When we last left the Classic Toyota club, we ended with a hot little red first-generation Celica coupe. Today we start with another one, this time with a much more custom vibe.
Toyota. Say the name and images of cars that run hundreds of thousands of kilometres with only routine maintenance come to mind. The name “Toyota” has long been synonymous with amazing reliability and toughness, and of cars that will never just not work. Of late though, a miasma of staidness has surrounded the marque, with the common knock being that their cars are merely wheeled appliances, built to convey and nothing more. The GT 86 has worked to turn it around somewhat, and the FT-1 concept helped a little more, but the general miasma of “wheeled appliance” still remains.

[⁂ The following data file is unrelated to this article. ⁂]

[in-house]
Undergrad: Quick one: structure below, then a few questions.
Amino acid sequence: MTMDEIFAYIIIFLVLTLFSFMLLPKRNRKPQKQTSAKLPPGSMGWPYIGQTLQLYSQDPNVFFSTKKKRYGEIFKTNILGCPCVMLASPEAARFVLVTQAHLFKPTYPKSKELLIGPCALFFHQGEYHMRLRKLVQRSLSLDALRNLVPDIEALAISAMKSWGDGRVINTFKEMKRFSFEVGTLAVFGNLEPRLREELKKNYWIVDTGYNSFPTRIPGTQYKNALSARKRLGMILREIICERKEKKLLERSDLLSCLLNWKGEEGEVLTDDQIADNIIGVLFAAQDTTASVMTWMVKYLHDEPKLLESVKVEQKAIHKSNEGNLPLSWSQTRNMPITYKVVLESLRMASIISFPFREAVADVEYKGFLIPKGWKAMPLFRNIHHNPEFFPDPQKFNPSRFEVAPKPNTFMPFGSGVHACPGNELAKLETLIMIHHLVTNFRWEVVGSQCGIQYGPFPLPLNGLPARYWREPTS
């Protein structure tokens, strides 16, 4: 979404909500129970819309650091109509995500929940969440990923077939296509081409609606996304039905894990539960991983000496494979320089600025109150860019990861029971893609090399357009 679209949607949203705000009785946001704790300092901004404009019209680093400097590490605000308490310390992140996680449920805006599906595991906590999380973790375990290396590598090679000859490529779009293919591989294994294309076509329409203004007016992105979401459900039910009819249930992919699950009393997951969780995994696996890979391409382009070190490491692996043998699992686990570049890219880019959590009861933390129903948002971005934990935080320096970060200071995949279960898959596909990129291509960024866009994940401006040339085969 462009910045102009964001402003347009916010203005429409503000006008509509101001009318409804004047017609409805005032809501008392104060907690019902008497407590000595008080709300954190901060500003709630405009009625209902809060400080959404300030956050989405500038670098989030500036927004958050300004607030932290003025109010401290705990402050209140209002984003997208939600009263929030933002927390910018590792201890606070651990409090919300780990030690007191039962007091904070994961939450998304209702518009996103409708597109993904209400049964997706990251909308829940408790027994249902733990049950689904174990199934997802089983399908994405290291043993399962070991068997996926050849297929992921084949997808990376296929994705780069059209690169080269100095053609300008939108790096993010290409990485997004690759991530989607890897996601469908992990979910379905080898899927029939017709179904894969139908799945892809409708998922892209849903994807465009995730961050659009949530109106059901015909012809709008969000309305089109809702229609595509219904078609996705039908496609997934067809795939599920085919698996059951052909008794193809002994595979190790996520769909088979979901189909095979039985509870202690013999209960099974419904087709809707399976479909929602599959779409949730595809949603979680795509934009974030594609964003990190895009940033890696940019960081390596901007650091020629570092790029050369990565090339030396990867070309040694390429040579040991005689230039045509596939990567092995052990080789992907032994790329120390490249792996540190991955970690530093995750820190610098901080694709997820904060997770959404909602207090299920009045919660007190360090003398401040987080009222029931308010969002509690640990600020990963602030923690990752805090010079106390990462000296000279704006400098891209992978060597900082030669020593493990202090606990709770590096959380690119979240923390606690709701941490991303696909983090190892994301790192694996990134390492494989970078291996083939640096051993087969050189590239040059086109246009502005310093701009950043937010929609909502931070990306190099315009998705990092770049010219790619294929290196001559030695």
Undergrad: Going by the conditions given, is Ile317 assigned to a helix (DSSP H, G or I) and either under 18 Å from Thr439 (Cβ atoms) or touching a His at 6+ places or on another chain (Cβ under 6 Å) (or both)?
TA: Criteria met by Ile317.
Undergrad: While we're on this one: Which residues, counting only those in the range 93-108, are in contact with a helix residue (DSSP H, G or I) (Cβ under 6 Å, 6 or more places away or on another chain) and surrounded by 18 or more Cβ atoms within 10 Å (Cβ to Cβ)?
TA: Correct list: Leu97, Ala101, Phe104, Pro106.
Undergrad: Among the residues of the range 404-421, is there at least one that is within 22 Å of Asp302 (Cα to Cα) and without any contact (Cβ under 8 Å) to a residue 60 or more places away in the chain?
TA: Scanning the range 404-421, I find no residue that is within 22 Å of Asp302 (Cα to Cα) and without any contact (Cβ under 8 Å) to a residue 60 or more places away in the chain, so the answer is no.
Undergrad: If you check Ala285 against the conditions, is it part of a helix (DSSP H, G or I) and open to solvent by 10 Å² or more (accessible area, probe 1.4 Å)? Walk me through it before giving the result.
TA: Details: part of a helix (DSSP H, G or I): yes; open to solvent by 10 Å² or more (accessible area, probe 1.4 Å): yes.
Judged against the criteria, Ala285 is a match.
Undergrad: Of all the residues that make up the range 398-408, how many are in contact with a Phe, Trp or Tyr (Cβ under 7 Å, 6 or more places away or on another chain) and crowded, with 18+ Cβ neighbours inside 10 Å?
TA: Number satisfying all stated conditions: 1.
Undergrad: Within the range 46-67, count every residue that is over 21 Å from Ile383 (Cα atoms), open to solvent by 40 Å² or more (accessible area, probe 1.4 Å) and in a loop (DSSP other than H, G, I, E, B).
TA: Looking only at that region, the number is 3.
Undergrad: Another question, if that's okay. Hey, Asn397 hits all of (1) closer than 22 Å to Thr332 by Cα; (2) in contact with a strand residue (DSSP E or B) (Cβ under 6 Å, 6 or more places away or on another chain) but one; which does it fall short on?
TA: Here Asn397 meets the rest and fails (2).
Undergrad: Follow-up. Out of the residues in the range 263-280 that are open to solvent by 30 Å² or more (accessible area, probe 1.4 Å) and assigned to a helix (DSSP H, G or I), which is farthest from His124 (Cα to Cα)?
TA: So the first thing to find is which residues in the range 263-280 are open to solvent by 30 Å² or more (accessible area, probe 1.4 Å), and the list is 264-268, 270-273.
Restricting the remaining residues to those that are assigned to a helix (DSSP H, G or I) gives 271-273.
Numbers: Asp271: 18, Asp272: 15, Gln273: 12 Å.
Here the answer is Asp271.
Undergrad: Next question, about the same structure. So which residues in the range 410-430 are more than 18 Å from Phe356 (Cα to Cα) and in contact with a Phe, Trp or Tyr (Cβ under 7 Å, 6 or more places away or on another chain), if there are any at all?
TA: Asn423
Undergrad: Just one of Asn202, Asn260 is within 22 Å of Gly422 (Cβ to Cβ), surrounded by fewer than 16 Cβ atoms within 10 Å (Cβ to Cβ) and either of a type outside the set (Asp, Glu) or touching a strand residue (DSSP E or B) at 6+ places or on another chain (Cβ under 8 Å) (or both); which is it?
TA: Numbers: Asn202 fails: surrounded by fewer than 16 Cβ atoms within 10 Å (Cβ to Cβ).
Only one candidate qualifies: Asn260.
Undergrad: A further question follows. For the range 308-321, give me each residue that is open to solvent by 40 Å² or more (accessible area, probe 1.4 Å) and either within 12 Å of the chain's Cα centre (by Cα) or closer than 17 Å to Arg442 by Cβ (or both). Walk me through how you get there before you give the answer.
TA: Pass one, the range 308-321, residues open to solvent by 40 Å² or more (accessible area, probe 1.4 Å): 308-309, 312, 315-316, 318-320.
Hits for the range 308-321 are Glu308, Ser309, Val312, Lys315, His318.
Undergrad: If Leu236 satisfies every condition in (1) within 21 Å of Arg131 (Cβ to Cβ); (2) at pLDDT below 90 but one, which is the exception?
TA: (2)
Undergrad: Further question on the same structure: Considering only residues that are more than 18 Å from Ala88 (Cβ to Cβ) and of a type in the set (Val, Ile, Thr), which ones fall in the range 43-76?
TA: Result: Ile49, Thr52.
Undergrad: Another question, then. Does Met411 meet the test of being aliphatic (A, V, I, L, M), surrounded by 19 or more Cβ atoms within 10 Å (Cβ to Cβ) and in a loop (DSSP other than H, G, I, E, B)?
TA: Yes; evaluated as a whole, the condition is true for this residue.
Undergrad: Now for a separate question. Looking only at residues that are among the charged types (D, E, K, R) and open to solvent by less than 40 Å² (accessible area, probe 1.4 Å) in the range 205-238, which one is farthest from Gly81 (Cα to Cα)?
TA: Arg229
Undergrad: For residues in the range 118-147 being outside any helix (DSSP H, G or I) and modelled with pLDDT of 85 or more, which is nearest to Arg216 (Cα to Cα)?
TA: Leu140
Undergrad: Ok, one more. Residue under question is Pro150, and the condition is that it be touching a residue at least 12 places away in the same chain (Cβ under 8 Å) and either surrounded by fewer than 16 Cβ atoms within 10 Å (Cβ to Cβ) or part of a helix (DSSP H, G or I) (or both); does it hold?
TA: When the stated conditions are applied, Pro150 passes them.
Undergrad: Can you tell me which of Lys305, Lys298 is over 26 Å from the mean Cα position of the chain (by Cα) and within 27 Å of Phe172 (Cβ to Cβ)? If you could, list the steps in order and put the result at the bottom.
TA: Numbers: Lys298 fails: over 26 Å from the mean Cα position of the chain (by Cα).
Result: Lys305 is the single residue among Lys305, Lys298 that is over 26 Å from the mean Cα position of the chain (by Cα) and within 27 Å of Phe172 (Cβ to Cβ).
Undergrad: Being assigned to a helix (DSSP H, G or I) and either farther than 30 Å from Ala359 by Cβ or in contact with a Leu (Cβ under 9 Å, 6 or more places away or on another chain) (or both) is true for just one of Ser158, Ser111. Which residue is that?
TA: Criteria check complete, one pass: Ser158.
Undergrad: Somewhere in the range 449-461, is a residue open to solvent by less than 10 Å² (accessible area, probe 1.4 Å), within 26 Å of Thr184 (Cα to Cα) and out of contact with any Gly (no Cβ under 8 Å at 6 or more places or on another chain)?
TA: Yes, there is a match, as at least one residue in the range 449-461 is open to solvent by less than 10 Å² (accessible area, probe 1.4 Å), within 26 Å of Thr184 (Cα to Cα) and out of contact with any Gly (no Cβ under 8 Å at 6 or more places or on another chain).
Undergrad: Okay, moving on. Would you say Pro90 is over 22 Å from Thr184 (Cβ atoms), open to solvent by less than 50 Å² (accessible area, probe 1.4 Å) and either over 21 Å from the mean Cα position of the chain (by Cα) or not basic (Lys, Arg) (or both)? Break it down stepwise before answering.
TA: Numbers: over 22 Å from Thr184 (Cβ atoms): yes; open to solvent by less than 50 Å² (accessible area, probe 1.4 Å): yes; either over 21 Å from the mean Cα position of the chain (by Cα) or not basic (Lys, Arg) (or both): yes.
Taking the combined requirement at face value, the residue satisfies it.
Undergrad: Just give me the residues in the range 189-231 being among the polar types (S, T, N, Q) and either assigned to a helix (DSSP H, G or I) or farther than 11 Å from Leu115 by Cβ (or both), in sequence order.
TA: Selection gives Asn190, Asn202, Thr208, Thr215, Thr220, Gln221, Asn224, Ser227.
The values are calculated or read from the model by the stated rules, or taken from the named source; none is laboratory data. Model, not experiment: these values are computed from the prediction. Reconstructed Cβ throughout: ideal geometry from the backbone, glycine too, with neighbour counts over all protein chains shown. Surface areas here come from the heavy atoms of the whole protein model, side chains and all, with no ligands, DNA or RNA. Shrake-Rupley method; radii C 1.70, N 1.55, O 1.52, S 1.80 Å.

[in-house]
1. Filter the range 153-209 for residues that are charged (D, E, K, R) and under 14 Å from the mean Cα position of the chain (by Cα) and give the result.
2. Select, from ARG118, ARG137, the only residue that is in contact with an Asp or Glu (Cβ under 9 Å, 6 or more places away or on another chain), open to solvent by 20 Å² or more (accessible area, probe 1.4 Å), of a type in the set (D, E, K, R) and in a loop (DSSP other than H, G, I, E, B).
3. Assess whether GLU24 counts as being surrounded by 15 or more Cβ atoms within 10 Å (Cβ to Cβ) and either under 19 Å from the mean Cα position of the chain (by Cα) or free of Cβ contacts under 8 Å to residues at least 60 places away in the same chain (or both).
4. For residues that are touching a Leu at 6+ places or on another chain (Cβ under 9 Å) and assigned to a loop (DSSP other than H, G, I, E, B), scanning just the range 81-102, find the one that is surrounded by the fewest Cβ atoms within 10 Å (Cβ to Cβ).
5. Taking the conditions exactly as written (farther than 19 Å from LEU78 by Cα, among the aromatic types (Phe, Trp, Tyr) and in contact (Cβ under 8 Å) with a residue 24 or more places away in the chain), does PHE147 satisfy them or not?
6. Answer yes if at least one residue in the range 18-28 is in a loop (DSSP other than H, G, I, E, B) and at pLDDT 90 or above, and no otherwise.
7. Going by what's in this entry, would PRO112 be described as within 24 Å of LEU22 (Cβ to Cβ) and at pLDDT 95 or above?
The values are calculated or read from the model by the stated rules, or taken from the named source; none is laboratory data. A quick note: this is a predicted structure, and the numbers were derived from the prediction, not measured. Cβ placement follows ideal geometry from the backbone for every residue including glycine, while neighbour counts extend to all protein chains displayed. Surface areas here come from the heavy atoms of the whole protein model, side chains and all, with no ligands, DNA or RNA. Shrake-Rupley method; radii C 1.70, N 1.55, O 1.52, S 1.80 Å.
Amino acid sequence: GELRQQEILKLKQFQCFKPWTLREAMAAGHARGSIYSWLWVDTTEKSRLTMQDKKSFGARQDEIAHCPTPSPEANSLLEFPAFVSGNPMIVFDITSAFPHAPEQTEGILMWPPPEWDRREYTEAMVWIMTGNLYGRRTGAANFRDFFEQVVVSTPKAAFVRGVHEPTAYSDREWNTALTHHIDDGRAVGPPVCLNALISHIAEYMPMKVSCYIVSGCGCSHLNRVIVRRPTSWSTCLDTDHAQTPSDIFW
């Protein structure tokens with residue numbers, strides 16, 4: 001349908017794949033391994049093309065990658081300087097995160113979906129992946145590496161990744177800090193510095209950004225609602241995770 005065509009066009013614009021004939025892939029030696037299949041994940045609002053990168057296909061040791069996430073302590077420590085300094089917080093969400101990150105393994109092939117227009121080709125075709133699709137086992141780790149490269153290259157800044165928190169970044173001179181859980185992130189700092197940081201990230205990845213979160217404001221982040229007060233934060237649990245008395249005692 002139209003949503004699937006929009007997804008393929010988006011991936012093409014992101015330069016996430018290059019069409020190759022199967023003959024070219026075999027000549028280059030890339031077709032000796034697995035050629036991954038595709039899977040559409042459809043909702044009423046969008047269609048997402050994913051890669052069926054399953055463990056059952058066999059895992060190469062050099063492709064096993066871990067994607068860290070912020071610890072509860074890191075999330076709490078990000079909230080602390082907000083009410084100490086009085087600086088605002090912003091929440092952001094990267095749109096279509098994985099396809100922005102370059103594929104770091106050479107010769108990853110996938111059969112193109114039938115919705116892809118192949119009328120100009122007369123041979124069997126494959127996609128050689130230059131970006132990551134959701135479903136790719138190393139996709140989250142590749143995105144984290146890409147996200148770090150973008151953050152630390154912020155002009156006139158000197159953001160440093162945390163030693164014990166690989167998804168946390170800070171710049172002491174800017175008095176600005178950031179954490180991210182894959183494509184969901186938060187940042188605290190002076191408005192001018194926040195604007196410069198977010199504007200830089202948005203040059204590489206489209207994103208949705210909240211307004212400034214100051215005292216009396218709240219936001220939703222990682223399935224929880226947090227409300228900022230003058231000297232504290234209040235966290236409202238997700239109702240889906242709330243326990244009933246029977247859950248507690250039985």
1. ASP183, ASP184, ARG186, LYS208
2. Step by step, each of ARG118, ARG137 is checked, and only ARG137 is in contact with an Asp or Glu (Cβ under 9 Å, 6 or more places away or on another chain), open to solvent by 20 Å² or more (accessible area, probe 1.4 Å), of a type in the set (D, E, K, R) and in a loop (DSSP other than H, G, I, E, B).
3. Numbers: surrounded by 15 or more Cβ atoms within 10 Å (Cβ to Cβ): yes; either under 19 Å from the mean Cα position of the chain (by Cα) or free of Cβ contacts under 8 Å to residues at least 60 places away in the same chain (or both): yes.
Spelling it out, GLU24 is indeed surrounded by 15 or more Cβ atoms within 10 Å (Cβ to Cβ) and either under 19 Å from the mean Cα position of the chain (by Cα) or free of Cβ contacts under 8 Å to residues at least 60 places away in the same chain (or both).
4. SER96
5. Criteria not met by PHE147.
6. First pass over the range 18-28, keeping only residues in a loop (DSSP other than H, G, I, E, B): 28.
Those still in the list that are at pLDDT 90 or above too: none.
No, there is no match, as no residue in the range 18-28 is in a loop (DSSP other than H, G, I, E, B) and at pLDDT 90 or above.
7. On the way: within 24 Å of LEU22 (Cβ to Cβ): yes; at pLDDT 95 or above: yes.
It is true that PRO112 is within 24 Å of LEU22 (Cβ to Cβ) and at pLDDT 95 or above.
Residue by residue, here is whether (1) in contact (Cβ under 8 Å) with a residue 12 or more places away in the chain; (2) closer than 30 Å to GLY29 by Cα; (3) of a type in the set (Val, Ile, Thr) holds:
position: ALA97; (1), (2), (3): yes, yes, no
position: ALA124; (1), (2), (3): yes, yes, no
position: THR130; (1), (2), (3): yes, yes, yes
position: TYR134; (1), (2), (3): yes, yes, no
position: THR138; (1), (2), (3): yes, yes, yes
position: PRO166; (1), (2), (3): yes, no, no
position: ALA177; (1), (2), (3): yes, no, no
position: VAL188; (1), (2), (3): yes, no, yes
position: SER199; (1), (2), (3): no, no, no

In reality, Toyota has a rich heritage of sporting history, putting good engines into effective rear-wheel drive platforms and wrapping attractive bodies around them. The guardians of this heritage are the loyal wrenchers who keep their old Toyotas vibrant and alive, keeping witness to a time when Toyotas were bulletproof fun. Continue reading
We ended the first half of our overage of MIAS 2014’s final hall with the King Spyder, a grey homebrew convertible built out of a Civic with a mishmash of parts from other vehicles.
In this part we’ll explore the other half of the hall, filled mostly with vintage Japanese iron plus a few eccentric occidentals.